By Fred A. Parkinson
Sometimes, things just work out. Through a serendipitous chain of events, a long-forgotten artifact has found its way back to its original neighborhood.
As a member of the Silverton Country Historical Society with an avid interest Silverton’s architectural history, I was asked to compile the story of the former Silverton Flower Shop building at 311 N. Water St. by developer Ben Johnston, who has converted it into a bakery with an adjacent food cart pavilion. During a recent tour of the building, an old photograph was spotted that, after an expressed interest, was delivered to the Silverton museum.
Mounted on a thin piece of Masonite, the old 60 x 40-inch photograph shows a vintage building with a cupola on top and a Good Samaritan Hospital sign visible under the right-side eaves. Peeling at the edges, it’s not in the best condition. Due to its large size, it might have been on display somewhere.
Posted to a social media group, the photo was soon confirmed to depict the original Good Samaritan Hospital in 1880 Portland. Since there was no relationship to Silverton, we offered it to anyone willing to come to Silverton to collect it.
That same day, we heard from retired nurse Kathy Schach, who now volunteers at her former hospital. She asked to acquire the photo for the hospital archives, where she often works.
“We are very pleased for this piece to come to Good Sam. I can’t begin to tell you how excited I was when I saw your post. My fingers flew to write a response to you!” Schach later commented. Arrangements were made to stay in touch until a pickup could be scheduled.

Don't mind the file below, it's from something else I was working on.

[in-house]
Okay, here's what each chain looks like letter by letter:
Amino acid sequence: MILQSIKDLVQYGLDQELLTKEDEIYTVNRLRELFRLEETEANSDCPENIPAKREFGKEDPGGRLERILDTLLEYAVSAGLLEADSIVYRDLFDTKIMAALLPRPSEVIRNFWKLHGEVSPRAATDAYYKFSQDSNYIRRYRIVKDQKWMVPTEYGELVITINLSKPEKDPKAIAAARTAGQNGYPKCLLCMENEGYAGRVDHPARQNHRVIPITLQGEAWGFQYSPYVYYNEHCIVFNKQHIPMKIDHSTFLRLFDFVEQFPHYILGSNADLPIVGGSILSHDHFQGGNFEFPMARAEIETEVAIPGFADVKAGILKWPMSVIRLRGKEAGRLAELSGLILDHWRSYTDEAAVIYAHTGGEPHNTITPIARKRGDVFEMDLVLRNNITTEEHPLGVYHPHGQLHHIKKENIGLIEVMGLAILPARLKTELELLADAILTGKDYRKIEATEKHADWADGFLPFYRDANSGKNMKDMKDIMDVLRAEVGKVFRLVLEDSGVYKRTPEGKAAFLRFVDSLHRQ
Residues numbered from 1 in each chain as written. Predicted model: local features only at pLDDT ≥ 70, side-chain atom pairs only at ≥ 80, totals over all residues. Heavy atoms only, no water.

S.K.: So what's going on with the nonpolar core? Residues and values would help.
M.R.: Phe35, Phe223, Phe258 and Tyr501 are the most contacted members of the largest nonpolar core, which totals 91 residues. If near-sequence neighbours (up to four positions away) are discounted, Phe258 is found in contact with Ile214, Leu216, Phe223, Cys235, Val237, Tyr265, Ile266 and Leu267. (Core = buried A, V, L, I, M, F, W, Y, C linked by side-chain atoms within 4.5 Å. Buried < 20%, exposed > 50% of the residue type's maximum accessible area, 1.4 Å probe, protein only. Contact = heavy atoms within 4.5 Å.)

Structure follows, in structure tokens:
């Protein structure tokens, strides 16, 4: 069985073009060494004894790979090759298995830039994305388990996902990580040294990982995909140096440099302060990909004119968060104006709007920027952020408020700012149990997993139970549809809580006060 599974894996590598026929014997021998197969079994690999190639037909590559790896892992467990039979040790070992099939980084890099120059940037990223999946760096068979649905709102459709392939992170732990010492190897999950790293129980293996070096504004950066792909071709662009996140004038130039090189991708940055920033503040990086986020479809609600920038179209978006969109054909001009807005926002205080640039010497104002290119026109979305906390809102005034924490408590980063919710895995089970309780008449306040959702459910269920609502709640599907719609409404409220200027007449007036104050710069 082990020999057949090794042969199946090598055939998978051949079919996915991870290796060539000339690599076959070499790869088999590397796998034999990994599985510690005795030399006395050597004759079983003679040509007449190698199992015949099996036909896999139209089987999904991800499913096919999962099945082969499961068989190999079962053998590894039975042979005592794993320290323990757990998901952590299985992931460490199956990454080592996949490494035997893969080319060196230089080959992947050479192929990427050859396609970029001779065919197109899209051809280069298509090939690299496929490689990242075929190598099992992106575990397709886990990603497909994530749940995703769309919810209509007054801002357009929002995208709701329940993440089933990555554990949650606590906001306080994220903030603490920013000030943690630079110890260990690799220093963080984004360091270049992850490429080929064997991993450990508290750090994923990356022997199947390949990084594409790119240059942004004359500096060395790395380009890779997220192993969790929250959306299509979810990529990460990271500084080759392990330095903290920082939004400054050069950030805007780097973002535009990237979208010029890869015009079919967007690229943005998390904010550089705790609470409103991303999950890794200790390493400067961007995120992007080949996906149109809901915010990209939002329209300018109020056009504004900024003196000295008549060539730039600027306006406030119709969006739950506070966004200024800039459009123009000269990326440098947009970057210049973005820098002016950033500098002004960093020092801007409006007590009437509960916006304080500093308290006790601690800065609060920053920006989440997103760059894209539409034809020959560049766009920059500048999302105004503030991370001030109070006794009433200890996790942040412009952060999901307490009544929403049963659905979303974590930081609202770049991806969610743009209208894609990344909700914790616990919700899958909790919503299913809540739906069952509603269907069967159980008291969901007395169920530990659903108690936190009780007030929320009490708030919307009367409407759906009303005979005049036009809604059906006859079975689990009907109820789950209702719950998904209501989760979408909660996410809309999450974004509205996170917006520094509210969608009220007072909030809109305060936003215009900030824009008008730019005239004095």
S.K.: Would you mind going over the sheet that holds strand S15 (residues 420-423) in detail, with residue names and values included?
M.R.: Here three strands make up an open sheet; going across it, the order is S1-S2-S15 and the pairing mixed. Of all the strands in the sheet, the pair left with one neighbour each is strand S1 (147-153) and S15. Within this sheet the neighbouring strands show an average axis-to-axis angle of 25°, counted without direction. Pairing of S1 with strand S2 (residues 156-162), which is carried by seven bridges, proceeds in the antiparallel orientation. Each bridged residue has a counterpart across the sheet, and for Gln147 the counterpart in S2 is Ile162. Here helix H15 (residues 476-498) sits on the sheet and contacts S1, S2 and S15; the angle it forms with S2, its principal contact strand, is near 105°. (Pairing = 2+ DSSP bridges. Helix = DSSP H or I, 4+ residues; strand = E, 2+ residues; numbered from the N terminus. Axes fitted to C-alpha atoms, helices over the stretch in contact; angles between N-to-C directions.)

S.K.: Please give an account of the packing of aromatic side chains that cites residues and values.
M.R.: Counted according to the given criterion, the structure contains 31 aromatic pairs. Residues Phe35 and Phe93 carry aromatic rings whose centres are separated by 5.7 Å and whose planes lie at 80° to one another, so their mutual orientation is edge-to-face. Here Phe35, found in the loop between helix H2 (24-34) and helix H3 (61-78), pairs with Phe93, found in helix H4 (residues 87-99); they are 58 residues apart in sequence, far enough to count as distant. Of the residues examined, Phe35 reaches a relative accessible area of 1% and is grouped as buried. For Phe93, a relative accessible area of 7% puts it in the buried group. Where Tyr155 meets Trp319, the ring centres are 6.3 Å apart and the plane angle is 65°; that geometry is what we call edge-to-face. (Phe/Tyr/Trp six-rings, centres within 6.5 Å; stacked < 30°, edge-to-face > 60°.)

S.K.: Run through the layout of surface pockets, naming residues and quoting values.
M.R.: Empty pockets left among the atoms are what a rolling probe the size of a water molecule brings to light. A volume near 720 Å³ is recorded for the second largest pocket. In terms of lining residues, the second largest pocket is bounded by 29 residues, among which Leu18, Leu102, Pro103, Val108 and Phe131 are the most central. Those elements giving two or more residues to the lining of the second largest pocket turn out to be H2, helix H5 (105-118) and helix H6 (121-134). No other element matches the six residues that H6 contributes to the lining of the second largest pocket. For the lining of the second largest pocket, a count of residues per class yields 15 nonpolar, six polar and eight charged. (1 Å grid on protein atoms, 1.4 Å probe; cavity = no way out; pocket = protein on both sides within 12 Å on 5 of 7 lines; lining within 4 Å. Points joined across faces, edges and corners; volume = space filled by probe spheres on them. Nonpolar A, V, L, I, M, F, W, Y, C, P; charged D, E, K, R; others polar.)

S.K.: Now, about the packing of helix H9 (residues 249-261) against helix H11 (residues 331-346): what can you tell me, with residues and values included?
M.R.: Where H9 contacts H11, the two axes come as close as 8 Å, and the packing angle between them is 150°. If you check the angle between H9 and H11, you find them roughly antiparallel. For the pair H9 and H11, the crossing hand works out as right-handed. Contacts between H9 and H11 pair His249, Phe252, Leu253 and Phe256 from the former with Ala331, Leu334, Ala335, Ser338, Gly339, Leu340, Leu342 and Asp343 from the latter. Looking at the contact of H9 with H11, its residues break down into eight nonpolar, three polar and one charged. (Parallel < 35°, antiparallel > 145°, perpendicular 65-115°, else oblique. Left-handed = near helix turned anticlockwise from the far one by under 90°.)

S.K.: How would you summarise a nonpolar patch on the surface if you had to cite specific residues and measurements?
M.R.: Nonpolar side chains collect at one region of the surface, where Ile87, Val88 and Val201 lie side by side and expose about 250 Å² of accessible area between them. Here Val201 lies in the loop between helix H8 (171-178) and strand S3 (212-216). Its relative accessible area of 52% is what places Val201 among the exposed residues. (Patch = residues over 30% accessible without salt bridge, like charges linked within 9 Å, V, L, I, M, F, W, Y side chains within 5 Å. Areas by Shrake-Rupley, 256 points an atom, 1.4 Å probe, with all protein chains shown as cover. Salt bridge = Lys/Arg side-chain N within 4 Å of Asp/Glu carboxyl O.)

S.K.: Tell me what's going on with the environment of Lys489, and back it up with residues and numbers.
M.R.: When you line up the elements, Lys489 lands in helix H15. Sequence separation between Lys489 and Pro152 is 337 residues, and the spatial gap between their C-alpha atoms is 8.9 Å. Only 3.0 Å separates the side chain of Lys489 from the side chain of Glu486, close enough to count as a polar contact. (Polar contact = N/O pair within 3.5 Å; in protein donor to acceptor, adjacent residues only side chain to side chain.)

Meanwhile, a proposal came in from Melinda Martin, owner of City Delivery Service in Albany, a civic-minded firm that specializes in smaller deliveries. She graciously offered to transport the photo to Legacy Good Samaritan Medical Center in Portland at no charge.
Melinda picked up the photo on Jan. 24 for transport to Portland. She was met at the Silverton Country Museum by members of the Historical Society, including Curator Judy Lowery. She later arrived at the hospital in Northwest Portland where she was welcomed by a group including Legacy Good Samaritan interim President Bronwyn Houston, Hospital Directors, staff, and, of course, volunteer Kathy Schach.
Unfortunately, we don’t know how the photo ended up in the old Silverton building. One former employee remembers that someone gave the photo to the flower shop owner but she doesn’t remember anything else about it.
Another explanation involves Berg and Sons Building Movers from Mount Angel, who were hired in 1985 to move several houses in preparation for Good Sam’s hospital expansion. The cast-off photo was probably collected as salvage and taken to the Silverton-Mount Angel area, where it somehow made it to the flower shop. However, another former employee remembers the photo displayed in the building prior to 1985, so its journey is still unclear.
At least, after being rediscovered and through the efforts of three history-loving people, it has finally found its
Fred A. Parkinson serves as the vice-president of the Silverton Country Historical Society, and is also chairman of the City of Silverton’s Historic Landmarks Commission.